Words to live by
A recent run of coincidences has got me thinking about poetry.
First, there was an utterly brilliant and totally unexpected birthday present from a very dear friend. Concealed in the inevitably mundane trappings of the postal service - for all non-bank-related post, I feel the Royal Mail should consider wrapping their parcels in sparkly, or at the very least brightly coloured, paper - was a slim cardboard box. In this cardboard box was a selection of twenty poems: some of which I recognised, whilst others I had never read before. All are beautiful, uplifting and moving. I wish that I could share each and every single one with you. For the purpose of this blog, however, that would be impossible. So here's just a very short taster of one poem by Emily Dickinson to whet your appetite:
If I can stop one heart from breaking
I shall not live in vain; ...
--- Emily Dickinson
In such a simple yet powerful manner, it expresses all that we really want from life: to make a difference.
The second coincidence was stumbling across this article in The Telegraph: http://www.telegraph.co.uk/women/womens-life/11174094/Poems-to-live-your-life-by.html
The article explores the idea that poetry, rather than being inaccessible, melodramatic and essentially useless, has a role to play in everyday life, because of the way it can capture snapshots of emotion and experience in a few lines. Plus, the fact that Judi Dench learns a new poem every single day was staggering - as if she wasn't already cool enough!
The third and final reason poetry has been on my mind is because of a poem I had previously scribbled down on a piece of paper, which I rediscovered whilst I was slowly, joylessly packing up my things ready for the move back home. I couldn't (and still can't quite) believe that my time as a language assistant was vorbei; after months of early mornings, long weekends, and bright new cities, it was all over. Weirdly enough, the end of the year coincided with two similarly monumental milestones: in the space of four days, I said goodbye to my life in Germany, turned twenty-one and ran the Edinburgh Marathon. Needless to say, given that certain Disney films can reduce me to a blubbering wreck, it was an emotional time. And the marathon-induced blisters didn't help matters.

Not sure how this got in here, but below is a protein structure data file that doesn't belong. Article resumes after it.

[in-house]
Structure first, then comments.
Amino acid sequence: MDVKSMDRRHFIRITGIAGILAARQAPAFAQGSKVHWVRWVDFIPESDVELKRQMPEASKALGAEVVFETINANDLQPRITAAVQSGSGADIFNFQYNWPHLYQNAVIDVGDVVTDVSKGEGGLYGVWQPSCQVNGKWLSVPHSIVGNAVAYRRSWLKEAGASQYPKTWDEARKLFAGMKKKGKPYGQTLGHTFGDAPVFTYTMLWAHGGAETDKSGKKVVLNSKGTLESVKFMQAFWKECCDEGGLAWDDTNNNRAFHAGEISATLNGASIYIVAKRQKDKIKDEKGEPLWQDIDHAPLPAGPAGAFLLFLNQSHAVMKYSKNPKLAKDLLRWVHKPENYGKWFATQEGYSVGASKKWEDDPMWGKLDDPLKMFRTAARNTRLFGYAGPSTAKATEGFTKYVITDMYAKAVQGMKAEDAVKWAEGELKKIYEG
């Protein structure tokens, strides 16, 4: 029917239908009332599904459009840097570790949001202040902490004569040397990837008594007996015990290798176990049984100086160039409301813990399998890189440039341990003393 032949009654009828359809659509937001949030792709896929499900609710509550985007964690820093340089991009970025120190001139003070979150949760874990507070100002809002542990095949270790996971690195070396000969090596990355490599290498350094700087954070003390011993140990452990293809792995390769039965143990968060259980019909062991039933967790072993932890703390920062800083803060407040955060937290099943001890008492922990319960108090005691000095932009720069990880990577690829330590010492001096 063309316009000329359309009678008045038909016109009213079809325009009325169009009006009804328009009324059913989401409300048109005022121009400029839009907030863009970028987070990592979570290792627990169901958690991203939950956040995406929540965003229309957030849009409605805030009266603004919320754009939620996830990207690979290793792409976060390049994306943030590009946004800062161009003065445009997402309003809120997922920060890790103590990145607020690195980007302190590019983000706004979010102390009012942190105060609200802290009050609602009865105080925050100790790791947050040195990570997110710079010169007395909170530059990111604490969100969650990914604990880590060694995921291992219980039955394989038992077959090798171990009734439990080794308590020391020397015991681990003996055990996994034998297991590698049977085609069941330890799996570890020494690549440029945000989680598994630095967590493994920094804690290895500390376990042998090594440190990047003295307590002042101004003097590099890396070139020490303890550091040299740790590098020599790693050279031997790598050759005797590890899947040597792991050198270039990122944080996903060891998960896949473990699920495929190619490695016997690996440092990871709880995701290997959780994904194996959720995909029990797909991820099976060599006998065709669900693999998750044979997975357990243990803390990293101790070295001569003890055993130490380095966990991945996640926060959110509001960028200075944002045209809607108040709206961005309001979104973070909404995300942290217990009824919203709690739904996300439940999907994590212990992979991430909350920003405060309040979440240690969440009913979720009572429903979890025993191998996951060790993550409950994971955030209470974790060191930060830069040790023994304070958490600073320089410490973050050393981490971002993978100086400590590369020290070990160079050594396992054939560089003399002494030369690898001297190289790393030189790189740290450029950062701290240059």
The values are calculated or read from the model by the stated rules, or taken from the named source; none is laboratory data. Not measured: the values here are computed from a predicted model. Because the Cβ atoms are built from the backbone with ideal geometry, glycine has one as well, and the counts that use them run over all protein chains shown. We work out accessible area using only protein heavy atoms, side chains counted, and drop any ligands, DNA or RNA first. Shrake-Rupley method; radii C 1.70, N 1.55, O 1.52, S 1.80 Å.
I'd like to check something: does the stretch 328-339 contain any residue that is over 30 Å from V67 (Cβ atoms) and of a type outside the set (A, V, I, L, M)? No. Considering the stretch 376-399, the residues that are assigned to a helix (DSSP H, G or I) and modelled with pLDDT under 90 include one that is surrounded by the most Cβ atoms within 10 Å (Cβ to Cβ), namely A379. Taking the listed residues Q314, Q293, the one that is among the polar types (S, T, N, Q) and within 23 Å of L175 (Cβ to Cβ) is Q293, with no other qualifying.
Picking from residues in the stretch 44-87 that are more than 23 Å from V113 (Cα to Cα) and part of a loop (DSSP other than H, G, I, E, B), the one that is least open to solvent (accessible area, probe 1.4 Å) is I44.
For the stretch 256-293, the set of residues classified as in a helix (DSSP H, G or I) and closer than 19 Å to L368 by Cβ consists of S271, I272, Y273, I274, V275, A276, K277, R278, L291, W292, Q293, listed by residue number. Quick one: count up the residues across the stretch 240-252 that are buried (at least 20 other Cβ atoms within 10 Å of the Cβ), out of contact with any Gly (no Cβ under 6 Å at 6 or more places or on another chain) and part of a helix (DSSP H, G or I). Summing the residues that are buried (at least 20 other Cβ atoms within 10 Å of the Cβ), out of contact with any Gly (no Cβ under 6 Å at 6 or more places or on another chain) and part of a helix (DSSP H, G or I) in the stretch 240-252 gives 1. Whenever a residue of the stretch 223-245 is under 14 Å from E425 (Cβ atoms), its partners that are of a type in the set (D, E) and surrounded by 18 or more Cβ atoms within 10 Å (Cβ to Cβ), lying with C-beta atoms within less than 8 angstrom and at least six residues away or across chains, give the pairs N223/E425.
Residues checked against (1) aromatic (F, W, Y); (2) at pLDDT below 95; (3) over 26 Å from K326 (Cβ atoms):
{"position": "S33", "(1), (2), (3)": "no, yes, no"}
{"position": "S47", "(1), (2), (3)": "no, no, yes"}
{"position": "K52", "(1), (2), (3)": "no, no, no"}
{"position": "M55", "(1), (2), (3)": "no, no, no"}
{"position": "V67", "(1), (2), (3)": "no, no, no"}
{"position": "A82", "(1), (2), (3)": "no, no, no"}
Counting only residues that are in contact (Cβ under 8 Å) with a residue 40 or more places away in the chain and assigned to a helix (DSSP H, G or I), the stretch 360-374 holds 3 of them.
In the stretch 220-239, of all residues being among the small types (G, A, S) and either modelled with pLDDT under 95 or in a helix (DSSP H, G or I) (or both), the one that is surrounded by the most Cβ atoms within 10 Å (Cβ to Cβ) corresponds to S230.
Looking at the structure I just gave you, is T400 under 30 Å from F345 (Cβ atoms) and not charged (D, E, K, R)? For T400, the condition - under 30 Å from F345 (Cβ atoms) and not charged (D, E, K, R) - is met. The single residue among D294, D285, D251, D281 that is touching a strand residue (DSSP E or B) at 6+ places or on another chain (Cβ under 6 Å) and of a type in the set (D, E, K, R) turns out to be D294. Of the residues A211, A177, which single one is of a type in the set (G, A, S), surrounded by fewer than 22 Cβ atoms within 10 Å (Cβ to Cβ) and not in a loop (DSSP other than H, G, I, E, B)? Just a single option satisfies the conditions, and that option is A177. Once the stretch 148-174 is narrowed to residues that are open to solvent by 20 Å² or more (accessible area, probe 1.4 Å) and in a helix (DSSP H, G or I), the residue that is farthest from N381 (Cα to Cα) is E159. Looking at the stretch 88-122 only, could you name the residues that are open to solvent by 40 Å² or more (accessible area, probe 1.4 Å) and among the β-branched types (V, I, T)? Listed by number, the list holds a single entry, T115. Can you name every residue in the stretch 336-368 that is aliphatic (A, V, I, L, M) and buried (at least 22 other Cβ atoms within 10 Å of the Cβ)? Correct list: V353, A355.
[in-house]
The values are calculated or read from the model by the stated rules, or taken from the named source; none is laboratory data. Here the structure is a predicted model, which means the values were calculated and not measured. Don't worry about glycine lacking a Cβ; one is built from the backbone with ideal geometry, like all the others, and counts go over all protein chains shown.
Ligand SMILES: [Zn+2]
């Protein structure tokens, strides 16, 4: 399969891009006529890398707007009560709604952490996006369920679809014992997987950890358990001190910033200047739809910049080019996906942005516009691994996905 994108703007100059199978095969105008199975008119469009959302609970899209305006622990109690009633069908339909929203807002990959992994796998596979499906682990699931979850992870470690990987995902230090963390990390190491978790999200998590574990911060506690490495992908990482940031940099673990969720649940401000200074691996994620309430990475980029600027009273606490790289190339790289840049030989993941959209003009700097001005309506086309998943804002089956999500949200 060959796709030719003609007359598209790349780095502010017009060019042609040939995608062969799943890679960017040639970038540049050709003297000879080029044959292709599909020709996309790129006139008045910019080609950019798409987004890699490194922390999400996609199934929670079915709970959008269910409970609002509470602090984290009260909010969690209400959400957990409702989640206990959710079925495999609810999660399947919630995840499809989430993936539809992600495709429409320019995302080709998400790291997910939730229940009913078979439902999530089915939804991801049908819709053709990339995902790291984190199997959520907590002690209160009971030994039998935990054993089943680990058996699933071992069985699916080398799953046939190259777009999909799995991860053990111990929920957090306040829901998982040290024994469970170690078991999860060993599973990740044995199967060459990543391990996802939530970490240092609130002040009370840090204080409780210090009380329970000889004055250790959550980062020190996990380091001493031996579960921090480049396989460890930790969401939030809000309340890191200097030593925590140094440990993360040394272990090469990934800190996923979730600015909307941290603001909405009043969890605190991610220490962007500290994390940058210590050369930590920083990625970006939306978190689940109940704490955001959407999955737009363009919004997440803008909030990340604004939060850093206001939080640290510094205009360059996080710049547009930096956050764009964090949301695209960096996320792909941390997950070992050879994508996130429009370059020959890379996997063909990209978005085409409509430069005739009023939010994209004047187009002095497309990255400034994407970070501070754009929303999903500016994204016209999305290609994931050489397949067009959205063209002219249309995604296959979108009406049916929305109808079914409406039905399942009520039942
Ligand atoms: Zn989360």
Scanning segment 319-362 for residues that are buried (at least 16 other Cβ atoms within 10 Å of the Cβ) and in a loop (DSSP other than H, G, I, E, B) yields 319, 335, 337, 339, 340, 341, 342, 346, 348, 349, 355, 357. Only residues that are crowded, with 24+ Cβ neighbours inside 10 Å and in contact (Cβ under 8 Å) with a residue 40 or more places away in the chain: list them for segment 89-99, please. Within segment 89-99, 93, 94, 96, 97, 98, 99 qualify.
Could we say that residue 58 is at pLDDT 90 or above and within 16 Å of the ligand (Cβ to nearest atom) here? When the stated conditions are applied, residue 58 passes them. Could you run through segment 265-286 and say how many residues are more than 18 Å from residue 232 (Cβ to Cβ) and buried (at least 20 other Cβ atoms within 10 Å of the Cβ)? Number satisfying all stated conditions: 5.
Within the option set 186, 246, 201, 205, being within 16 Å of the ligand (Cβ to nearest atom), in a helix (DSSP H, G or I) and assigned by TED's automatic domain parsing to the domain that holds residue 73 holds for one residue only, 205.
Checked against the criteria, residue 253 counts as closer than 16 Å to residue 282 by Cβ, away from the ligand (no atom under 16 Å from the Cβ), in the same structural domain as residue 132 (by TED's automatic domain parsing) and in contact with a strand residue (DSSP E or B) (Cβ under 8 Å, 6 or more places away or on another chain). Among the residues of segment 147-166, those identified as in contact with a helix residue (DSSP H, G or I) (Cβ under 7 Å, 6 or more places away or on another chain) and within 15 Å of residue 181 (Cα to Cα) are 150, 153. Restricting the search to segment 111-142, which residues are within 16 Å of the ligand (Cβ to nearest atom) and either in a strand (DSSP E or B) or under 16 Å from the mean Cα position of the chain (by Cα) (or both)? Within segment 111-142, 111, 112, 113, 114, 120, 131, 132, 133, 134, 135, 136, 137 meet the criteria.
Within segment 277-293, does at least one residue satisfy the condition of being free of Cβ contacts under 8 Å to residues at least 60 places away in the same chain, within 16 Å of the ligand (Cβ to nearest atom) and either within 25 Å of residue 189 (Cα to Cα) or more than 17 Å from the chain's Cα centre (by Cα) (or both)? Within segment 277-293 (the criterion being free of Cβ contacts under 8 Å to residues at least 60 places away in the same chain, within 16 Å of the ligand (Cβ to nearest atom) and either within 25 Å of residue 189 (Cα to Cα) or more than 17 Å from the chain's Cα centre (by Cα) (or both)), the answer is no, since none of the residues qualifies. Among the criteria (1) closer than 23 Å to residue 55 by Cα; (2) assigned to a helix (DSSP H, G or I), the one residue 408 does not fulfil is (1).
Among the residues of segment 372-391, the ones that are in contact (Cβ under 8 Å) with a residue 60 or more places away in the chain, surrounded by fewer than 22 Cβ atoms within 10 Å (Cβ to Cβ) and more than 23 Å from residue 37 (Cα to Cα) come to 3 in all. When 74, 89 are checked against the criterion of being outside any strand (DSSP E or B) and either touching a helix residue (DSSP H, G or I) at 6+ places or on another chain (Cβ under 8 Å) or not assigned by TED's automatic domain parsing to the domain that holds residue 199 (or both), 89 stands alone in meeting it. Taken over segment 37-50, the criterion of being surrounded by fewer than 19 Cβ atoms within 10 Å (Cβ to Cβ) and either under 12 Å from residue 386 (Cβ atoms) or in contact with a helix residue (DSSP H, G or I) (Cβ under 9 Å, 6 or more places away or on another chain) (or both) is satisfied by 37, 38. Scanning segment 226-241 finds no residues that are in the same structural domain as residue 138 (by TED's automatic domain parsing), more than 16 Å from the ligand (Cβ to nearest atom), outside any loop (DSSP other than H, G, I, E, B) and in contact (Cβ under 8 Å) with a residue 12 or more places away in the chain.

Anyway. Back to the poem. It's a section from T.S. Eliot's Four Quartets. Throughout this last year - a year which has been simultaneously memorable, unique and incredibly challenging - I have often found myself returning to the poem for reassurance. For days when it seemed that nothing was going according to plan, everything was falling apart, and I was a complete failure who was only good for staying in bed and watching hours of mindless television. For days when the marathon seemed like an impossible dream, and days when it felt like I was turning twenty-one with nothing to show for it. Stupid, I know, but I used to be convinced that I would compete in show jumping, ride for Team GB at the Olympics aged a mere nineteen. That particular ambition I now need to let go. This poem - gently, articulately - reminds me that, no matter what, it's all okay. Here, we can only put a taster of the poem:
'So here I am, in the middle way, having had twenty years-
Twenty years largely wasted, the years of l'entre deux guerres-
Trying to use words, and every attempt
Is a wholly new start, and a different kind of failure ...'
--- T.S. Eliot